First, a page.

An Interactive Annotated World Bibliography of Printed and Digital Works in the History of Medicine and the Life Sciences from Circa 2000 BCE to 2022 by Fielding H. Garrison (1870-1935), Leslie T. Morton (1907-2004), and Jeremy M. Norman (1945- ) Traditionally Known as “Garrison-Morton”

15793 entries, 13706 authors and 1920 subjects. Updated: October 6, 2022

EUSTACHI, Bartolomeo [EUSTACHIUS]

3 entries
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Opuscula anatomica.

Venice: V. Luchinas, 15631564.

Eustachius is credited with several anatomical discoveries, among them the tensor tympani muscle and the Eustachian tube, published in his chapter entitled De auditus organis. In the last respect, however, he was anticipated by Alcmaeon, about 500 BCE. Eustachius was the first to describe the chorda tympani as a nerve. Plate VIII illustrates the “Eustachian valve”, the valvula venae cavae in the right auricle. Eustachius recognized the thoracic duct in the horse and even detected some of its valves. His work on this structure was forgotten until Aselli’s description of the lacteals. This work includes first description of the adrenals. Several of the plates deal with the structure of the kidney.

Basing his work on the dissection of fetuses and newborn children, Eustachi was the first to study the teeth in any considerable detail. In his Libellus de dentibus attached to this work he provided an important description of the first and second dentitions and described the hard outer tissue and soft inner structure of the teeth. He also attempted an explanation of the problem of the sensitivity of the tooth’s hard structure. The Libellus has a separate title page dated 1563. It was reprinted with German translation, Wien, Urban & Schwarzenberg, 1951. It was translated into English by Joan H. Thomas and edited and introduced by David A. Chernin and Gerald Shlklar as as A little treatise on the teeth. The first authoritative book on dentistry (1563) (Canton, MA, 1999). Eustachi’s illustrations of the teeth were first published in his Tabulae anatomicae, edited by Giovanni Maria Lancisi (No. 391). For further information, including a discussion of the states of the Opuscula, see the entry at HistoryofInformation.com at this link.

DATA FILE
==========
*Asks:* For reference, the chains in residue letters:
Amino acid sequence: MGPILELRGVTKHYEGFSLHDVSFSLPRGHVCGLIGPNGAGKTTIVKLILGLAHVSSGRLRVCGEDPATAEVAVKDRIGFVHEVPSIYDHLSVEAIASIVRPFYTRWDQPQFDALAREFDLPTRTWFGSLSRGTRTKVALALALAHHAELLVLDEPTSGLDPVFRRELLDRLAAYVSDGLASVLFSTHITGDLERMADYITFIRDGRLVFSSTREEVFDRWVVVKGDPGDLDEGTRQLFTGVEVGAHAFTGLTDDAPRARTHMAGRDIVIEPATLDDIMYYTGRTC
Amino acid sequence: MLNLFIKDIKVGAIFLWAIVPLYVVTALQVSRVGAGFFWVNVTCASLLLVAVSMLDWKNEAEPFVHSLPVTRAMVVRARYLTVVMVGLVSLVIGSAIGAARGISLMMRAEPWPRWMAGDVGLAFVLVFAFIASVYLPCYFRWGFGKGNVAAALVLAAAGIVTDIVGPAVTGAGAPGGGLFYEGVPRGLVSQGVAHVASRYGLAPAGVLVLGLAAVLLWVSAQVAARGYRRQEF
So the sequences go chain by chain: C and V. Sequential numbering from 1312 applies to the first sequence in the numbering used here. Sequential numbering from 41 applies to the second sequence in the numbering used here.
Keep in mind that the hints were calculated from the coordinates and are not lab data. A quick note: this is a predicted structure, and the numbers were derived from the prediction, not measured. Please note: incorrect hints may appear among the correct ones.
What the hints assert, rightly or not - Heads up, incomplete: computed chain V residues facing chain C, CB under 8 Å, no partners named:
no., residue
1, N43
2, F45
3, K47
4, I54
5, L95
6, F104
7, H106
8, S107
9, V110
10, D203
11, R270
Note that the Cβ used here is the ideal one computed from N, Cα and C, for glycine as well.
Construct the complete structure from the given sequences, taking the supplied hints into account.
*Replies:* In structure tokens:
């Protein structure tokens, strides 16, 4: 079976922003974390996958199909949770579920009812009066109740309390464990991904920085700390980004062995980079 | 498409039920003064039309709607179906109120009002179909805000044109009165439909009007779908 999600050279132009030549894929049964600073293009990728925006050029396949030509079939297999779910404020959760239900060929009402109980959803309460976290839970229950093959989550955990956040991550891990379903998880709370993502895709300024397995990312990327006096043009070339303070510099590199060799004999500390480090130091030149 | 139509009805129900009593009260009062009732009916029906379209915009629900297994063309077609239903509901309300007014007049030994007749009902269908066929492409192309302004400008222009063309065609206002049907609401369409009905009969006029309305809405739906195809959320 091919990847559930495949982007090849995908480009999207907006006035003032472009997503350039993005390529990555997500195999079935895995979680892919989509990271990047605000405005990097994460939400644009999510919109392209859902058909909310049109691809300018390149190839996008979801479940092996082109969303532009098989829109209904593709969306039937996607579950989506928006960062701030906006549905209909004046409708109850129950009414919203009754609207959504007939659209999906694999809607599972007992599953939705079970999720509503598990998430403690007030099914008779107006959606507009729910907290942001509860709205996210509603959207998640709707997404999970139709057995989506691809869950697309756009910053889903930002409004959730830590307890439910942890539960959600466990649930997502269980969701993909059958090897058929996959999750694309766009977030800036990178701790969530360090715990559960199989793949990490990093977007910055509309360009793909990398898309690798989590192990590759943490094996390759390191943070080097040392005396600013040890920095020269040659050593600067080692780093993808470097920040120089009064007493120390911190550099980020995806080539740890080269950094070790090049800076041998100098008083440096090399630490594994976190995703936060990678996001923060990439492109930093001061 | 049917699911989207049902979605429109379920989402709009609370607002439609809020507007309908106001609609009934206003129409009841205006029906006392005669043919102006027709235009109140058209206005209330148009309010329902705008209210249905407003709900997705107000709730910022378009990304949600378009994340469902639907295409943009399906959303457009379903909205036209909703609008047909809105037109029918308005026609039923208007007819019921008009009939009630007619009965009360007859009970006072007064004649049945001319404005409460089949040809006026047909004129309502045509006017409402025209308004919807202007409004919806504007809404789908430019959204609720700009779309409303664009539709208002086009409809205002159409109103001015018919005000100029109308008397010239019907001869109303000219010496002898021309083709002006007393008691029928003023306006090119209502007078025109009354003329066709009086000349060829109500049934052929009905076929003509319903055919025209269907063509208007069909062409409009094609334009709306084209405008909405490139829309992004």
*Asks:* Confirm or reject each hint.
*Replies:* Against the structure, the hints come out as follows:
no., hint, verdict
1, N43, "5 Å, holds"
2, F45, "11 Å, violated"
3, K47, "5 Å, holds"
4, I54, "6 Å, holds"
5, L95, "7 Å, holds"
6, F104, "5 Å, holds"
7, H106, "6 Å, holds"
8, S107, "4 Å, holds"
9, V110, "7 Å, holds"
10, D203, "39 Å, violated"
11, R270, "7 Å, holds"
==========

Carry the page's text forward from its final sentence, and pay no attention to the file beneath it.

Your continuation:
Digital facsimile of the 1563 edition from the Internet Archive at this link.

 

 



Subjects: ANATOMY › 16th Century, ANATOMY › Anatomical Illustration, CARDIOLOGY › CARDIOVASCULAR PHYSIOLOGY, CARDIOLOGY › CARDIOVASCULAR PHYSIOLOGY › Anatomy of the Heart & Circulatory System, COMPARATIVE ANATOMY, DENTISTRY › Dental Anatomy & Physiology, Ductless Glands: Internal Secretion › Adrenals, Lymphatic System, NEPHROLOGY › Renal Anatomy, OTOLOGY › Physiology of Hearing
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Vocum, quae apud Hippocratem sunt, collectio. Cum annotationibus Bartholomaei Eustachii . . . Eiusdemque Libellus de Multitudine.

Venice: Luca Antonio Giunta, 1566.

First edition in Latin edited by Eustachi of the glossary to Hippocrates by the first century Greek grammarian Erotianus. Erotianus's work contains the earliest list of the writings of Hippocrates, including some now lost. The Greek text alone had been printed as part of Henri Estienne's Dictionarium Medicum (1564). Eustachi based his Latin translation, accompanied by many passages in the original Greek, on a Greek manuscript in the Vatican library that was independent of Estienne's edition.
To Erotianus text Eustachi added an exhaustive commentary based on the Greek text, which it cites in the original. In addition he added in an ppendix (ff. 128-152) the first edition of his original tract De multitudine, describing the symptoms of plethora (i.e., an excess of a bodily fluid, particularly blood).

Digital facsimile from Google Books at this link.



Subjects: Dictionaries, Biomedical, Hippocratic Tradition
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Tabulae anatomicae.

Rome: F. Gonzaga, 1714.

A romantic history attaches to this fine collection of plates, drawn by Eustachius himself and completed in 1552. They remained unprinted and forgotten in the Vatican Library until discovered in the early 18th century, and were then presented by Pope Clement XI to his physician, Giovanni Maria Lancisi. The latter published them in 1714 together with his own notes. These copperplates are more accurate than the work of Vesalius. Singer was of the opinion had they appeared in 1552 Eustachius would have ranked with Vesalius as one of the founders of modern anatomy. He discovered the Eustachian tube, the thoracic duct, the adrenals and the abducens nerve, and gave the first accurate description of the uterus. He also described the cochlea, the muscles of the throat and the origin of the optic nerves. Plate XVIII is a drawing of the sympathetic nervous system. Eustachius was the first to describe the ganglion chain, but made the mistake of tracing the origin of the cervical portion to the brain-stem. With respect to dentistry, Eustachi's illustrations of the teeth, related to his Libellus de dentibus (1563-64) were first published in this work.



Subjects: ANATOMY › 18th Century, ANATOMY › Anatomical Illustration, DENTISTRY › Dental Anatomy & Physiology, NEUROSCIENCE › NERVOUS SYSTEM › Peripheral Autonomic Nervous System